Statement of Attorney General’s Office Regarding May 1 “National Day Of Action For Immigrant Rights”

New York State Attorney General press release, April 28, 2006

This Office has received inquiries about the legal obligations of employers to accommodate employees’ requests to take time off to participate in activities scheduled for May 1 recognizing the contributions of working immigrants to the national economy and local communities. Some businesses will be closing for the demonstrations, while others will remain open.

My office has received information that some employers are threatening to fire or take other action against employees who take time off for this purpose. There have been reports in the press that workers who attended previous demonstrations were fired solely for their attendance at those events.

Federal labor law protects every employee’s right to engage in concerted activities for “mutual aid and protection,” including calling for change in existing laws to improve working conditions. The courts have held that participation by employees in demonstrations and rallies like those planned for May 1 are protected activities under that provision.

Employers may impose reasonable requirements needed to keep their businesses functioning, and employees must comply with those requirements. However, if adverse action, including discharge, is taken against employees solely because of their participation in these activities, the employer may be found to have violated the rights of those employees and could be subject to legal action.

Employers need to carefully consider what reasonable limitations on their employees’ participation are truly necessary to the functioning of their businesses. Employers and employees are urged to cooperate to avoid violations of law.


New Jersey Attorney General Zulima Farber says she plans to participate at a rally today in Newark in support of undocumented immigrants.

Farber said she decided to attend the rally, which has been organized by a coalition of grass-roots immigrant organizations, to make clear her view that undocumented immigrants should have an opportunity to legalize their status, and that they should not be treated as criminals.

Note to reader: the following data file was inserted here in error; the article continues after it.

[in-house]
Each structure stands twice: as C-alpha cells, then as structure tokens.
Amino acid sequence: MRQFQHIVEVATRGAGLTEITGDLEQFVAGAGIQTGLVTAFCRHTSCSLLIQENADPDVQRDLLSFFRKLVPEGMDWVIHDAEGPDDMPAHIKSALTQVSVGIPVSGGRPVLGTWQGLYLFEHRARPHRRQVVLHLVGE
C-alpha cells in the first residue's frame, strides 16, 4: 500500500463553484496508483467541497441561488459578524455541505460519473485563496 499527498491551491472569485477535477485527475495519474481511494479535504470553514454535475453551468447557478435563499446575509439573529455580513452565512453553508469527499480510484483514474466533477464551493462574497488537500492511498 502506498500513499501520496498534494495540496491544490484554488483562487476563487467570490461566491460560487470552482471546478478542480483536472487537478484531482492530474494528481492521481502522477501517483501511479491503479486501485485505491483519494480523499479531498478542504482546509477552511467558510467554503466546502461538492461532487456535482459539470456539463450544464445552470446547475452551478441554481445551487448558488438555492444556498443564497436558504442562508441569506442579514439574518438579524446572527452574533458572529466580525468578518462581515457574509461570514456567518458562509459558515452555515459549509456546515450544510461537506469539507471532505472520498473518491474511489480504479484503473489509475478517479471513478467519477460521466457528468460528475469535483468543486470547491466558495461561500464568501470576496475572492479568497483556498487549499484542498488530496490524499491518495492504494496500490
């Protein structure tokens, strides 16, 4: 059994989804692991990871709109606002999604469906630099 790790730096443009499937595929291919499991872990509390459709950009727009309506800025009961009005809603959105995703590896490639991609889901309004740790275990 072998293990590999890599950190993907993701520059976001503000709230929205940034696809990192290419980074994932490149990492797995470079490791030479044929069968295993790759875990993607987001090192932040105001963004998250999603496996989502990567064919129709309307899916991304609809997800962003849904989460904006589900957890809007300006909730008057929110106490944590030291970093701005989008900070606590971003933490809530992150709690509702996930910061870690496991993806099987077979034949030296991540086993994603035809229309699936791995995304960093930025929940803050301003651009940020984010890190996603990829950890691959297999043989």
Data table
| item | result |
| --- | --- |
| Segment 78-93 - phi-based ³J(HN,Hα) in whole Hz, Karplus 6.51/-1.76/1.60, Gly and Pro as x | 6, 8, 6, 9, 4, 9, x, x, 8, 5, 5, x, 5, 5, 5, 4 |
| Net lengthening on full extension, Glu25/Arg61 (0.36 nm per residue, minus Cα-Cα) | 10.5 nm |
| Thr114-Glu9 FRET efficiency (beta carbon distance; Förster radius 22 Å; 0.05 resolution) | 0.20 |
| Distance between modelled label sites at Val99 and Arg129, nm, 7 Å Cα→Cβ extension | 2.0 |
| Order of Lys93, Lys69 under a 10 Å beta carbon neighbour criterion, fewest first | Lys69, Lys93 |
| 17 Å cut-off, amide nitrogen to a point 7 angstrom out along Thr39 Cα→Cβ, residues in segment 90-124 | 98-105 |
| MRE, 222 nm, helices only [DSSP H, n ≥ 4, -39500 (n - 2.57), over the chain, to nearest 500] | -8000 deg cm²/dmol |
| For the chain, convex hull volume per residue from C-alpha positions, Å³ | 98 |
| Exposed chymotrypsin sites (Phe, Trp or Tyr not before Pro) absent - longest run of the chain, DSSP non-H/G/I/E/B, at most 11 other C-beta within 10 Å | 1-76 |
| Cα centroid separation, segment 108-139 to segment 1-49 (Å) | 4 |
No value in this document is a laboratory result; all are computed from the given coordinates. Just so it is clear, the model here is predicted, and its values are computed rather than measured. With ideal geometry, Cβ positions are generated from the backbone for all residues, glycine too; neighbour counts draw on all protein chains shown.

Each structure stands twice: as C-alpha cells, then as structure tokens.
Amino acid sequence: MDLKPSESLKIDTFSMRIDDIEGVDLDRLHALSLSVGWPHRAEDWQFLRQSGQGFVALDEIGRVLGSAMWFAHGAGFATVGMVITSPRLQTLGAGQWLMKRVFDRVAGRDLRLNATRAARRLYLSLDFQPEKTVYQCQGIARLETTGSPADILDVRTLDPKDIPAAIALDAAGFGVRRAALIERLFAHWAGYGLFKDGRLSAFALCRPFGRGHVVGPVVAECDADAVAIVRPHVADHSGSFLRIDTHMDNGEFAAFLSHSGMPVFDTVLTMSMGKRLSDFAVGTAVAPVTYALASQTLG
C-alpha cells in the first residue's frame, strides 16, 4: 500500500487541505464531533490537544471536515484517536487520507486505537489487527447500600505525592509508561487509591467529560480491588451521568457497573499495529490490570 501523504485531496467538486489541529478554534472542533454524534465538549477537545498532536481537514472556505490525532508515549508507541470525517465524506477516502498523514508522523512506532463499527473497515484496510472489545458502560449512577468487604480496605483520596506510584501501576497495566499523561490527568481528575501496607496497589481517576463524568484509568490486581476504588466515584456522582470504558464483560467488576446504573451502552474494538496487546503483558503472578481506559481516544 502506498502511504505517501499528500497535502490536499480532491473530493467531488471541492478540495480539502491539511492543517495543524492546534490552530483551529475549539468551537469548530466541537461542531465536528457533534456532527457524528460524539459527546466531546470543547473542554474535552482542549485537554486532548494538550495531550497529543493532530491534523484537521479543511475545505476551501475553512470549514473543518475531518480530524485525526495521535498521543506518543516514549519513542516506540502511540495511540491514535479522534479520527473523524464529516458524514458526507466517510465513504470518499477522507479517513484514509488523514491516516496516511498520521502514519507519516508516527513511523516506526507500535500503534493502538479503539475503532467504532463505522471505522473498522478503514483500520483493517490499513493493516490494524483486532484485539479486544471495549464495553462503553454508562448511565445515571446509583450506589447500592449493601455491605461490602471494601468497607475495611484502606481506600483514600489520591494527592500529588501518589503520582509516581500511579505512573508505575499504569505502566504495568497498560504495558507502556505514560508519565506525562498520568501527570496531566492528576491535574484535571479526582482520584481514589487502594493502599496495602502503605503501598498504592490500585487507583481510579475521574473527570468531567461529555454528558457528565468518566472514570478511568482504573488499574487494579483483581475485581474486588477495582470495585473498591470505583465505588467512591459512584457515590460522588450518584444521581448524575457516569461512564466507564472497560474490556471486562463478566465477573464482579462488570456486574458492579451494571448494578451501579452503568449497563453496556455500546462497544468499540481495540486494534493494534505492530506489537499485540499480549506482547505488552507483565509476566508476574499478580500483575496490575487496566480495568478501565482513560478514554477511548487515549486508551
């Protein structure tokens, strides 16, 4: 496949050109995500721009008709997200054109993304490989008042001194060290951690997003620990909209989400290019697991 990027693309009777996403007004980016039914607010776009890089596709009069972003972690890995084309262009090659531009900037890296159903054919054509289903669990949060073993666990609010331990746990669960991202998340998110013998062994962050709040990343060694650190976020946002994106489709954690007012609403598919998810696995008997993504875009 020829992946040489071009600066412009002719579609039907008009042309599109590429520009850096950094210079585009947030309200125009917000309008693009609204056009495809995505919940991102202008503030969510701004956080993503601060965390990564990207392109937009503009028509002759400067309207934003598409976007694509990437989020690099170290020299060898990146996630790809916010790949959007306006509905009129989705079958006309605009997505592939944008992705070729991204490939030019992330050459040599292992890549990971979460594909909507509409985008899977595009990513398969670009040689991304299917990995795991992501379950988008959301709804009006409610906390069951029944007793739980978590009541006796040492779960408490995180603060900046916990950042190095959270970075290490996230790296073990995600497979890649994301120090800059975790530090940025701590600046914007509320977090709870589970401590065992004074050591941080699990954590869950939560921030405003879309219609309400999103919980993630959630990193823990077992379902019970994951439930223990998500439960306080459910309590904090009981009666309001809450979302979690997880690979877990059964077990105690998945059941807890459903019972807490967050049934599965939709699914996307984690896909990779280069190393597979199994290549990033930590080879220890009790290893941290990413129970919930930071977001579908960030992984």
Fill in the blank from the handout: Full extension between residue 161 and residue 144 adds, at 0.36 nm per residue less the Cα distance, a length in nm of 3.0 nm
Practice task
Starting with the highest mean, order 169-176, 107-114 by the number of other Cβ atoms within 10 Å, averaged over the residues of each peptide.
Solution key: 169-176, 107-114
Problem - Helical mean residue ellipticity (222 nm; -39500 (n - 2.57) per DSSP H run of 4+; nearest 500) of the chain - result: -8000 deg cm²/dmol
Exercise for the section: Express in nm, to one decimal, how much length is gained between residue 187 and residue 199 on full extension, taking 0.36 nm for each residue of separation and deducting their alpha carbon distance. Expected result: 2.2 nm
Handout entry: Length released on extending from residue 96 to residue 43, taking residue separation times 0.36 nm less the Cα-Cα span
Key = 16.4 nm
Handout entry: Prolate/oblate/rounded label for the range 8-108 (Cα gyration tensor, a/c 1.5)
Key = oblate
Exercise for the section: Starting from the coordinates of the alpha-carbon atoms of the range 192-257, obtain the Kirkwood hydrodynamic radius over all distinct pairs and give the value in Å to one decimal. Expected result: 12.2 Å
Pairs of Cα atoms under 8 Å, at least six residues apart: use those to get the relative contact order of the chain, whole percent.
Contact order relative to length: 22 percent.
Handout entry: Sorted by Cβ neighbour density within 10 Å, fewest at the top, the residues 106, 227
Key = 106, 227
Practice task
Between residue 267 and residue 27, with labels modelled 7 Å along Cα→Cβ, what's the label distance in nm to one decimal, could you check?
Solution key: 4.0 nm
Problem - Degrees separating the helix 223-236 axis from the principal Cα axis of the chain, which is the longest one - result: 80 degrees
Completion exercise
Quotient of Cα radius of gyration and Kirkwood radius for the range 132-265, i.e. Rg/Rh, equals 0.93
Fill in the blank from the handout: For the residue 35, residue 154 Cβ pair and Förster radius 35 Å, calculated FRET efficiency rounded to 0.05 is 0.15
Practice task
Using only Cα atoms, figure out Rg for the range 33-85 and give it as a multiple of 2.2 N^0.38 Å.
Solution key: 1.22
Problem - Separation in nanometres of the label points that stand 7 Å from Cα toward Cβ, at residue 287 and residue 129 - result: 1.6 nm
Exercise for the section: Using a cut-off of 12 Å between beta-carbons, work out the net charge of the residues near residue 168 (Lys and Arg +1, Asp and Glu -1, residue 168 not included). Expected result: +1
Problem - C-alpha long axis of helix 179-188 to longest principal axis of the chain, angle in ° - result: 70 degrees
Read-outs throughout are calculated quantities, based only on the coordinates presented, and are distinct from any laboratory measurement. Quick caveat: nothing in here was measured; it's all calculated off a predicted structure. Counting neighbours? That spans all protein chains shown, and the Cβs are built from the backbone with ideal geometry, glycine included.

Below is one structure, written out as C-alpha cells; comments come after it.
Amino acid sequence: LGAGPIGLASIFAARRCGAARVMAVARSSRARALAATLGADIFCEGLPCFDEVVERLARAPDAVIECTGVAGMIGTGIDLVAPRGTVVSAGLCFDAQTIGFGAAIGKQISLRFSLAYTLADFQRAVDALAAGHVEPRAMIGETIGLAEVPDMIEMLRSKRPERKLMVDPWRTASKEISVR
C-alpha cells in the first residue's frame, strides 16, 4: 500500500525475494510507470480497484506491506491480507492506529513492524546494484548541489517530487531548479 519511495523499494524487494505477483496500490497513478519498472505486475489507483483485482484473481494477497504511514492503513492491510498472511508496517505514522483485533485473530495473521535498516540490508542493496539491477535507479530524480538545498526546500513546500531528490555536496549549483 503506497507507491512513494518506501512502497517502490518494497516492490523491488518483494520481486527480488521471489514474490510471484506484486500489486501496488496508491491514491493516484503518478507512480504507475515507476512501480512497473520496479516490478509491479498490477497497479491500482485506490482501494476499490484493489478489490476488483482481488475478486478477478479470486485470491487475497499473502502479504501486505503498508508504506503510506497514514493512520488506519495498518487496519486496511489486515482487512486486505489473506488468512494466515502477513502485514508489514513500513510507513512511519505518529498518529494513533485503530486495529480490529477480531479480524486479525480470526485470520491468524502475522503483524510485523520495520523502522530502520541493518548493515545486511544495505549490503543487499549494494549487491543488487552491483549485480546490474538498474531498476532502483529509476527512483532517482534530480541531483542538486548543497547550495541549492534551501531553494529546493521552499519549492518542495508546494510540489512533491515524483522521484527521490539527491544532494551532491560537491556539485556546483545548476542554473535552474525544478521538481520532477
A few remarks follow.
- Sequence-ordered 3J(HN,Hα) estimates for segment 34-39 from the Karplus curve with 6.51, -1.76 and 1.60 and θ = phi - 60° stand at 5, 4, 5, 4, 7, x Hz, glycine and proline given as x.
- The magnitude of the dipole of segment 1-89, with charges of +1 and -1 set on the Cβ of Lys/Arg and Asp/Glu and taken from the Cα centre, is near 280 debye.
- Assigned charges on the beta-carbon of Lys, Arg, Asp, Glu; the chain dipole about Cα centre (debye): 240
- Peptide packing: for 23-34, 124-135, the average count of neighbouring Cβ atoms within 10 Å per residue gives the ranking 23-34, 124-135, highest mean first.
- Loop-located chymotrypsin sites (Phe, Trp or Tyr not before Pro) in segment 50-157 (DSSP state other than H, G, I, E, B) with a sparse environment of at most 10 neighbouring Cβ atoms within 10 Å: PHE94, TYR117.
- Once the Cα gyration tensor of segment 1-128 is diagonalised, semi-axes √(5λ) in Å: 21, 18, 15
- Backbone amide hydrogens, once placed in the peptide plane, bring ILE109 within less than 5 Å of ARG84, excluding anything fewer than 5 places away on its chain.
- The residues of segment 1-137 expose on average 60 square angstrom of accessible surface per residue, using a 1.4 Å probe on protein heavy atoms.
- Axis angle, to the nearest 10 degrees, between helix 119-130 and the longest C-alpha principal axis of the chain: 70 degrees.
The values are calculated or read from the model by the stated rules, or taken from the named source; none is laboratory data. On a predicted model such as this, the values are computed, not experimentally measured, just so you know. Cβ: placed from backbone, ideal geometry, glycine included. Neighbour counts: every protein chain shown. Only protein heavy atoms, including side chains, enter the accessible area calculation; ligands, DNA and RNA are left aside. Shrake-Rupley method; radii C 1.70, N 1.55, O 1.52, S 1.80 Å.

The rally is the latest in a series of protests this year, in New Jersey and elsewhere in the nation, against congressional proposals to make it a felony to be in the United States illegally.

Supporters of strict immigration enforcement want illegal immigration classified as a crime, instead of a civil violation. Farber’s participation in the rally would be the highest-profile involvement yet in such protests by a state government official in New Jersey—and among the highest-profile in these protests in the country.

“These laws would make it a felony, a very serious offense,” Farber said. “It’s saying that an undocumented immigrant is in the same status as being a bank robber or a murderer. But being undocumented is not in the same planet.”

While many of New Jersey’s political leaders—in particular, Hispanic elected officials—have come under fire for skipping the protests, Farber said she decided her presence today would be critical.

“It’s important to show the immigrant community, their families and the immigration advocates that we stand ready in New Jersey to protect all of our residents,” she said. “There are police departments in New Jersey that have refused to participate in the immigration agency’s raids because they do not want immigrants to be afraid to report crimes to them when they have been victimized.

“They would lose the confidence of the immigrant community in their town, and they would also lose the ability to properly enforce laws, if didn’t have the trust and participation of immigrants in investigations,” she said.

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